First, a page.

News Story

State’s Private Sector Workers Lost Income In 2020; Public Sector, Not So Much

That’s what an ongoing Michigan Capitol Confidential survey keeps finding

As hundreds of thousands of Michigan residents who earn their living in the private sector have suffered lost income, jobs and businesses due to the pandemic and government-mandated lockdowns, public officials want you to know that governments are suffering, too.

Lansing Mayor Andy Schor called the recent $1.9 trillion federal stimulus law critical, saying it was “an important step toward providing relief for the economic hardship cities are facing as a result of the COVID-19 pandemic.”

Gov. Gretchen Whitmer said the pandemic has been hard on everyone, including “everyone who serves in state and local government,” according to MIRS News.

A new president and Congress have heard the call, with Michigan in line to receive $2.5 billion in federal aid from the 2021 bill, according to the Detroit Regional Chamber.

For all the new debt-funded largesse, there has been little attention paid to whether municipal governments actually need extra money. But payroll records obtained through Freedom of Information Act requests suggest that state and local government employees may have been a protected class throughout the pandemic.

Records obtained from dozens of cities, villages and counties reveal a trend of municipal employees prospering during the pandemic.

Here are just a few examples from the city of Dearborn. Rather than being outliers, they are fairly representative of the records that have been examined:

A administrative specialist who works for the Dearborn fire chief saw her salary increase from $60,362 in 2019 to $74,057 in 2020.

In rare instances examined, where a municipal employee saw a decline in gross pay last year, it was not due to a cut in base pay.

For example, a water technician for the city of Dearborn collected $139,600 in 2019, which declined to $137,522 in 2020. Both pay figures are well above the base pay for that position, according to job websites.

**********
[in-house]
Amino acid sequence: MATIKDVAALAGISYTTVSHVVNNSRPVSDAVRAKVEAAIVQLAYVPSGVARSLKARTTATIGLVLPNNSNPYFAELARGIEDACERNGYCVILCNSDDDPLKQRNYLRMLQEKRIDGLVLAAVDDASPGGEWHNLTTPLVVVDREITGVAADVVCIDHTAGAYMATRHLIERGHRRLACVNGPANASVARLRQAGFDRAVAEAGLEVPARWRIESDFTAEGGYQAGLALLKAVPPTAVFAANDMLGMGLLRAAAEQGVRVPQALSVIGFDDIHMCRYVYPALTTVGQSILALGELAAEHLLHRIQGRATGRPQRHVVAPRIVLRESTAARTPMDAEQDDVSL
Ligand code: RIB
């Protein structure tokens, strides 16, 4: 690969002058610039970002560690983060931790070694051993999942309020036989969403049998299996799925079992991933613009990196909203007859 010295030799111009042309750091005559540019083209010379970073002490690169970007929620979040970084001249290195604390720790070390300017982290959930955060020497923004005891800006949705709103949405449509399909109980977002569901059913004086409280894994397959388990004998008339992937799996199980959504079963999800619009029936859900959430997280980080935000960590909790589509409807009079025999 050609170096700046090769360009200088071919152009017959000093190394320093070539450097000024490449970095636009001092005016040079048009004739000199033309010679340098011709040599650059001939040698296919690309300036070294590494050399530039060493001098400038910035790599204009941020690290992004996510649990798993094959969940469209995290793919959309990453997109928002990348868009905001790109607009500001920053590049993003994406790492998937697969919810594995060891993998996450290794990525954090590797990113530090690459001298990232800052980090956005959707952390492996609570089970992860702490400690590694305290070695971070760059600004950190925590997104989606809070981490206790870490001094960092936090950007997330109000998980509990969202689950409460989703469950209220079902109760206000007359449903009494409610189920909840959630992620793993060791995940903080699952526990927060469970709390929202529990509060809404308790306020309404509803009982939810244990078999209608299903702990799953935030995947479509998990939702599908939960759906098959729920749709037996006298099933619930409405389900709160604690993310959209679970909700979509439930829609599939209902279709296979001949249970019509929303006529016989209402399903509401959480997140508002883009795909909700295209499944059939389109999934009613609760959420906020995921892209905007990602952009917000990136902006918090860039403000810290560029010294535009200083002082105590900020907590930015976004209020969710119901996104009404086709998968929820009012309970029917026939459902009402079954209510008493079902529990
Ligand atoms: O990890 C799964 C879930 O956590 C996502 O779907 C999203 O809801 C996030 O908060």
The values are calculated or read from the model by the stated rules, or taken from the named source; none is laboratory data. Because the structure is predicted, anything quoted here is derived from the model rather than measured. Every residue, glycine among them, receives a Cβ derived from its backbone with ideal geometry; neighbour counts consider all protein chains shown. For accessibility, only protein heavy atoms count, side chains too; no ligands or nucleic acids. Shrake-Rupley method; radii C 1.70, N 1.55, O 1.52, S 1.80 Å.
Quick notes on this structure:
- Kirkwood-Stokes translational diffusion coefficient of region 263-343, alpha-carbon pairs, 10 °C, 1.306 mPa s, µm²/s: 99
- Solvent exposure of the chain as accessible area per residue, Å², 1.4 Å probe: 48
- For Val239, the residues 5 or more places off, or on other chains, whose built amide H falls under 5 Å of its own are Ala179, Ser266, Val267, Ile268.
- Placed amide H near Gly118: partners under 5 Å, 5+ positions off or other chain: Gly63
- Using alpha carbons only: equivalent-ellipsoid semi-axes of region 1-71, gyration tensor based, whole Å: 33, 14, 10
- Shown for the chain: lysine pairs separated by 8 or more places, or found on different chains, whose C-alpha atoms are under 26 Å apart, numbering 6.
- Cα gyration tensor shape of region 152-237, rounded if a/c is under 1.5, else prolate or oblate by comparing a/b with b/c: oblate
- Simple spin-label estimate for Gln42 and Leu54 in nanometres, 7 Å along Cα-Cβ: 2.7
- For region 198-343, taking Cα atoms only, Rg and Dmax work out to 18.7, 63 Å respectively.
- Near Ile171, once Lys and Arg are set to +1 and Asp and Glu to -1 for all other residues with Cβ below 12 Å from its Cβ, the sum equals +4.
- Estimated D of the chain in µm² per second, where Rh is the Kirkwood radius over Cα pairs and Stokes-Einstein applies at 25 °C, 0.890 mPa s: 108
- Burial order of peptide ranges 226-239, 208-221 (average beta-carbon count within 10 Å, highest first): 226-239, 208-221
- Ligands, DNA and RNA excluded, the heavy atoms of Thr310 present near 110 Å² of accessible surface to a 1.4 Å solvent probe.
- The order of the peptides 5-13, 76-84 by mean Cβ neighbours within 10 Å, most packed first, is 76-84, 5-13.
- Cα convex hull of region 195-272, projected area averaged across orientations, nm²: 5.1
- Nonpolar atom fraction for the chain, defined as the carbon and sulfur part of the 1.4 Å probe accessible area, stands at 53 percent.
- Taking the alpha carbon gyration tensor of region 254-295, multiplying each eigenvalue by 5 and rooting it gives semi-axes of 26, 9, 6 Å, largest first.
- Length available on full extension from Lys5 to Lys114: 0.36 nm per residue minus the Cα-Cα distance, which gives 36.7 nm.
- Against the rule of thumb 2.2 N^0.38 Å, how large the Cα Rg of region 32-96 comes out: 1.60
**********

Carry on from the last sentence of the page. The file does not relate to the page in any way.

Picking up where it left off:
According to, the base salary of a water treatment specialist is about $54,637 a year. A Michigan Waste Water Treatment Technician I gets a median salary of $41,391, according to

There were dozens of unionized police and fire department employees who enjoyed large pay increases.

One female firefighter with 15 years of experience saw her gross pay increase from $99,634 in 2019 to $111,290 in 2020, a 12% increase. That type of pay bump was not uncommon with city fire and police jobs.

Some city employees received small increases. For example, Dearborn Mayor John O’Reilly’s gross pay increased from $165,358 in 2019 to $166,011 in 2020, up just $653.

But on at least a statistical basis, any pay increase in 2020 put its recipient ahead of the state workforce as a whole.

As Michigan Capitol Confidential reported, “The income that Michigan residents earned from employment dropped by 2% in 2020. Net payroll earnings in the state were $330.5 billion in 2020, down from $337.3 billion in 2019. Only seven other states experienced a larger percentage drop in residents’ earnings in the year of the pandemic, according to figures released by the U.S. Bureau of Economic Analysis.”

Michigan Capitol Confidential is the news source produced by the Mackinac Center for Public Policy. Michigan Capitol Confidential reports with a free-market news perspective.